Local allegiances, rivalries and friendships were thrown into a blender for the boys lacrosse Public/Private Challenge as Severna Park and Broadneck both played matches against prep counterparts Severn and Spalding over spring break.
Broadneck came out on top of it all.
The Bruins came from behind to defeat the Admirals at Severna Park High School on April 18, rallying late in the second half to come away with a 10-9 victory, and they completed a 2-0 sweep of the tournament on April 20 with a 9-7 victory over Archbishop Spalding at Severn.
Severna Park suffered its first loss of the season by falling 13-6 at home to Archbishop Spalding on April 18 but salvaged the second leg of the Challenge by defeating Severn 9-8 in double overtime on April 20.
The Cavaliers scored some important neighborhood bragging rights by avenging last season’s loss to the Falcons, while Severn suffered the sting of two one-goal losses.
It was Broadneck that stole the spotlight.
Coming off a defeat to Severna Park on April 12 in which the Bruins lost to the visiting Falcons 16-7 — Jimmy Maher scored seven goals and had three assists for Severna Park in the Falcons’ win over Broadneck — the Bruins trailed Severn for most of the game and nearly the entire second half in the Challenge’s opener at Severna Park on April 18 and looked to be headed for another loss. But a late flurry of goals combined with effective defense and faceoff supremacy powered Broadneck to swipe the win from the Admirals. With the Bruins down 9-8 with three minutes to play following a goal by Severn’s AJ McNemar, Broadneck’s Vinny Facciponti won a faceoff, took the ball down and scored to tie the game at 9-9. Facciponti won the ensuing face-off, and the Bruins worked a lengthy possession before Keegan Houser scored the game-winner with 57 seconds remaining.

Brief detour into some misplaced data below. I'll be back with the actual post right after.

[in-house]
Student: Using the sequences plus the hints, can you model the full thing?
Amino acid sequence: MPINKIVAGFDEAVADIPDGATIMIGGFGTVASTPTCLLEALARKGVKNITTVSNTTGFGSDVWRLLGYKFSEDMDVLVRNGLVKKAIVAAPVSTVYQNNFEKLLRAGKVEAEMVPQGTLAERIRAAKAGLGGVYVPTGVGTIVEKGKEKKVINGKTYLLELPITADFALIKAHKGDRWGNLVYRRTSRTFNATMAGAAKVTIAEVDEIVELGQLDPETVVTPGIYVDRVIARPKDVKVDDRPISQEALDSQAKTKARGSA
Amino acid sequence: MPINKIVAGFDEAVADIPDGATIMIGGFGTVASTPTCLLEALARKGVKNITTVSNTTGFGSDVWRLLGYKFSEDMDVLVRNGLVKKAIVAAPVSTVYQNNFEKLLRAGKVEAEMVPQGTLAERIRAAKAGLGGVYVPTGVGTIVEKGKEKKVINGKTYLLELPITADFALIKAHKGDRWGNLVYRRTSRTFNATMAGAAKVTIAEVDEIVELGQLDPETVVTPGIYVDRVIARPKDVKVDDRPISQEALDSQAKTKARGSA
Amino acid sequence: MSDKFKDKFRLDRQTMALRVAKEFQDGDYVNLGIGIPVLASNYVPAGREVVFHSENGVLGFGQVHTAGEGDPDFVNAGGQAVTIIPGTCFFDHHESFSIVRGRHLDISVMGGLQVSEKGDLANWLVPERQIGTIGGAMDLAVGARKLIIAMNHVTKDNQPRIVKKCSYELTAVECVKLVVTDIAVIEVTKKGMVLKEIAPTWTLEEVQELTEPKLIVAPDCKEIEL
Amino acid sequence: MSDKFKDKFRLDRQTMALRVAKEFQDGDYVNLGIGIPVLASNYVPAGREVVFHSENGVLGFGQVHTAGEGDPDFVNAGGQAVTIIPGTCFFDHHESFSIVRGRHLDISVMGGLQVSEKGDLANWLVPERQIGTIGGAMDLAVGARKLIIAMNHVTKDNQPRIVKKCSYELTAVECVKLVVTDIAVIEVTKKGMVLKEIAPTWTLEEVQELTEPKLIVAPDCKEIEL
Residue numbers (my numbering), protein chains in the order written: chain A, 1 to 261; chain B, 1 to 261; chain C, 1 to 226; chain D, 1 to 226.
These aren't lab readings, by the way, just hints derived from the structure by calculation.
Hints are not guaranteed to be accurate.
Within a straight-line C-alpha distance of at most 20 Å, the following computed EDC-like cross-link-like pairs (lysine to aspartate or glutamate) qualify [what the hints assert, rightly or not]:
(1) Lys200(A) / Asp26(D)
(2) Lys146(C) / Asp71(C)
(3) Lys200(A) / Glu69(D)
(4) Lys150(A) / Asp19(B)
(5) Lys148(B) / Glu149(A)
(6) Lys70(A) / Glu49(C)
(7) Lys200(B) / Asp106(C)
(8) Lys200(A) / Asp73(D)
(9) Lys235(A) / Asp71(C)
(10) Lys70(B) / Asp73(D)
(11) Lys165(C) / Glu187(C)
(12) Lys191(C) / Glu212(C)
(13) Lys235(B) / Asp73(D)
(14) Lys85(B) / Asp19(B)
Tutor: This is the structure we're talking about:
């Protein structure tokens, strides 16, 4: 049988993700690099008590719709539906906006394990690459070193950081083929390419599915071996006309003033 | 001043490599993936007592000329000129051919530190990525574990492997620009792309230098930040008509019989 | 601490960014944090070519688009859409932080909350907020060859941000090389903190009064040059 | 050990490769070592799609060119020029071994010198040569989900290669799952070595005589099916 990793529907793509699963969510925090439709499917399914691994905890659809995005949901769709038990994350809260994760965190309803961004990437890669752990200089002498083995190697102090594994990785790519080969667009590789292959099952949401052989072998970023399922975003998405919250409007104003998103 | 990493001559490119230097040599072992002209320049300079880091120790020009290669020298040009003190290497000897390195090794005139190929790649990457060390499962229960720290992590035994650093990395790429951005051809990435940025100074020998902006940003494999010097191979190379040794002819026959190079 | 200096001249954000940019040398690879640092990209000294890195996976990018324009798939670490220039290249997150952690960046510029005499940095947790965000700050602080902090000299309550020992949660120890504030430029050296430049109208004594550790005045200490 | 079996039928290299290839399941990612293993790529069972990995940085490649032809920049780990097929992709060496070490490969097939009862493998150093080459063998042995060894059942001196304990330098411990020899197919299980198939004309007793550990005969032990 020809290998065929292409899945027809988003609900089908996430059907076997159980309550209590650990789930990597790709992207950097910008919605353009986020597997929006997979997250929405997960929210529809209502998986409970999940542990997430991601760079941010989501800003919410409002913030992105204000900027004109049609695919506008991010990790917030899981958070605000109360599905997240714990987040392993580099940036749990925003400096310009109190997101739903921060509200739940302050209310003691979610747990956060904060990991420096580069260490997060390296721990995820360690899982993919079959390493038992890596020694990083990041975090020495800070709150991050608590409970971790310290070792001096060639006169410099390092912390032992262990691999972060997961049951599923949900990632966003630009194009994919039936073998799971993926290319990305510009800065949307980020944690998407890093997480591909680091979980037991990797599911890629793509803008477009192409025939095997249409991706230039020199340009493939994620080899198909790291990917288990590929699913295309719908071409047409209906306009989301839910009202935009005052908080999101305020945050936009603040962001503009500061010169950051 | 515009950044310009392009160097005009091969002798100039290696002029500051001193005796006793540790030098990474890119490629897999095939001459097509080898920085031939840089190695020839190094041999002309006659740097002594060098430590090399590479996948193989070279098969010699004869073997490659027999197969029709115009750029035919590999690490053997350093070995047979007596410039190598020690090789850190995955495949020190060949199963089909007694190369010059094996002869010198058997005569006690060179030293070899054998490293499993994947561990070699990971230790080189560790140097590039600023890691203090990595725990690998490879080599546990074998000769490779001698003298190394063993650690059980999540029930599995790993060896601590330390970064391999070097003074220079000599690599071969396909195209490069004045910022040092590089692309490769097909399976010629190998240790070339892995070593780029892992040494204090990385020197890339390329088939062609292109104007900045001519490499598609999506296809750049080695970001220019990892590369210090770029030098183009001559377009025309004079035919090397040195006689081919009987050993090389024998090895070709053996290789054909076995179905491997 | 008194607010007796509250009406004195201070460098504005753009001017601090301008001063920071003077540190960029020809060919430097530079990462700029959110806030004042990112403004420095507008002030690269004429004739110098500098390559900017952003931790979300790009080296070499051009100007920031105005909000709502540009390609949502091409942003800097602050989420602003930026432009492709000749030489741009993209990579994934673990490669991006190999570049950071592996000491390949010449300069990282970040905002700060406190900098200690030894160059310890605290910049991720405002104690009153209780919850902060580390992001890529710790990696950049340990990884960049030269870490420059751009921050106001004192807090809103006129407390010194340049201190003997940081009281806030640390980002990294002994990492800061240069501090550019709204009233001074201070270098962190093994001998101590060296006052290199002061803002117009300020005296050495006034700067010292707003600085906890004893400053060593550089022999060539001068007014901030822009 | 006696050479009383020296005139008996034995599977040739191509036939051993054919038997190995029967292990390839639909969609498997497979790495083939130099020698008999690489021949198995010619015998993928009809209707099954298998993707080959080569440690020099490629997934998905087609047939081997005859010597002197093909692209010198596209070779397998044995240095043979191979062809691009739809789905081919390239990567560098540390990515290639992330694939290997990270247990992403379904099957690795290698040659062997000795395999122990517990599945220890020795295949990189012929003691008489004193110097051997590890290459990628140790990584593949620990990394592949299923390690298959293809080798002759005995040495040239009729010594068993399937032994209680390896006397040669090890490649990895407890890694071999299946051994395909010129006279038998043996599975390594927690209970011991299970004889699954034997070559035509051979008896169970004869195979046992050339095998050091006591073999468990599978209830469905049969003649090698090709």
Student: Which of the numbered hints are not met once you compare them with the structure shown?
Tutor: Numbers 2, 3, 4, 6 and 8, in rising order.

Facciponti and Brendan Kennedy each scored three goals for the Bruins, while Houser had two and Bubba Bowen and Dan Shea both had goals. Ben McGrady made five saves for the Bruins, while Facciponti won 17 of 23 face-offs.
Jon Jarosz had three goals for Severn in the loss, while Zack Kinsella and Henry Rentz had two goals each and Collin Earvin added a score. Loukas Sotiropoulous-Lawrence made 12 saves, but Severn couldn’t close out the win in the face of an unrelenting Broadneck mentality to keep pushing.
“A lot of our team was on the team last year, when we were down at halftime in almost every game, and we’d always fight back and win,” said Facciponti. “We’ve just got to keep that same mentality, and we knew that if we all believe it, we can definitely do it.”
Spalding was walking onto the field to take on Severna Park as the Bruins were high-fiving following their win over Severn, and the Bruins and Cavs exchanged some spirited chirping in anticipation of their Saturday tilt.
That one ended up going Broadneck’s way, too. Houser scored four goals; Facciponti scored a goal and won 15 faceoffs; McGrady made eight saves; Kennedy had three assists; and Bowen, Casey Demanski, Hayden Gourley and Parker Griffey added goals in a 9-7 Broadneck victory over the Cavs in which Broadneck never trailed.
Houser said after beating Severn that the Bruins showed resolve to produce a quality win following a disappointing loss at home to Severna Park.
“We try to stay humble, but we took a bad loss [to Severna Park] last week, so we’re trying to build our confidence back up and get back in the swing of things,” said Houser.
Archbishop Spalding may have been the victim of Broadneck’s rising confidence on April 20, but the Cavs authored a memorable victory in their win over Severna Park on April 18. The Falcons jumped out to a 2-0 lead against Spalding on goals by Connor Panebianco and Cam Bear and looked to be on course to another impressive win and a continuation of their hitherto undefeated season. The Falcons likewise won the rivalry matchup with Spalding in 2018 and 2017, and their public-over-private grip seemed initially to be tightening.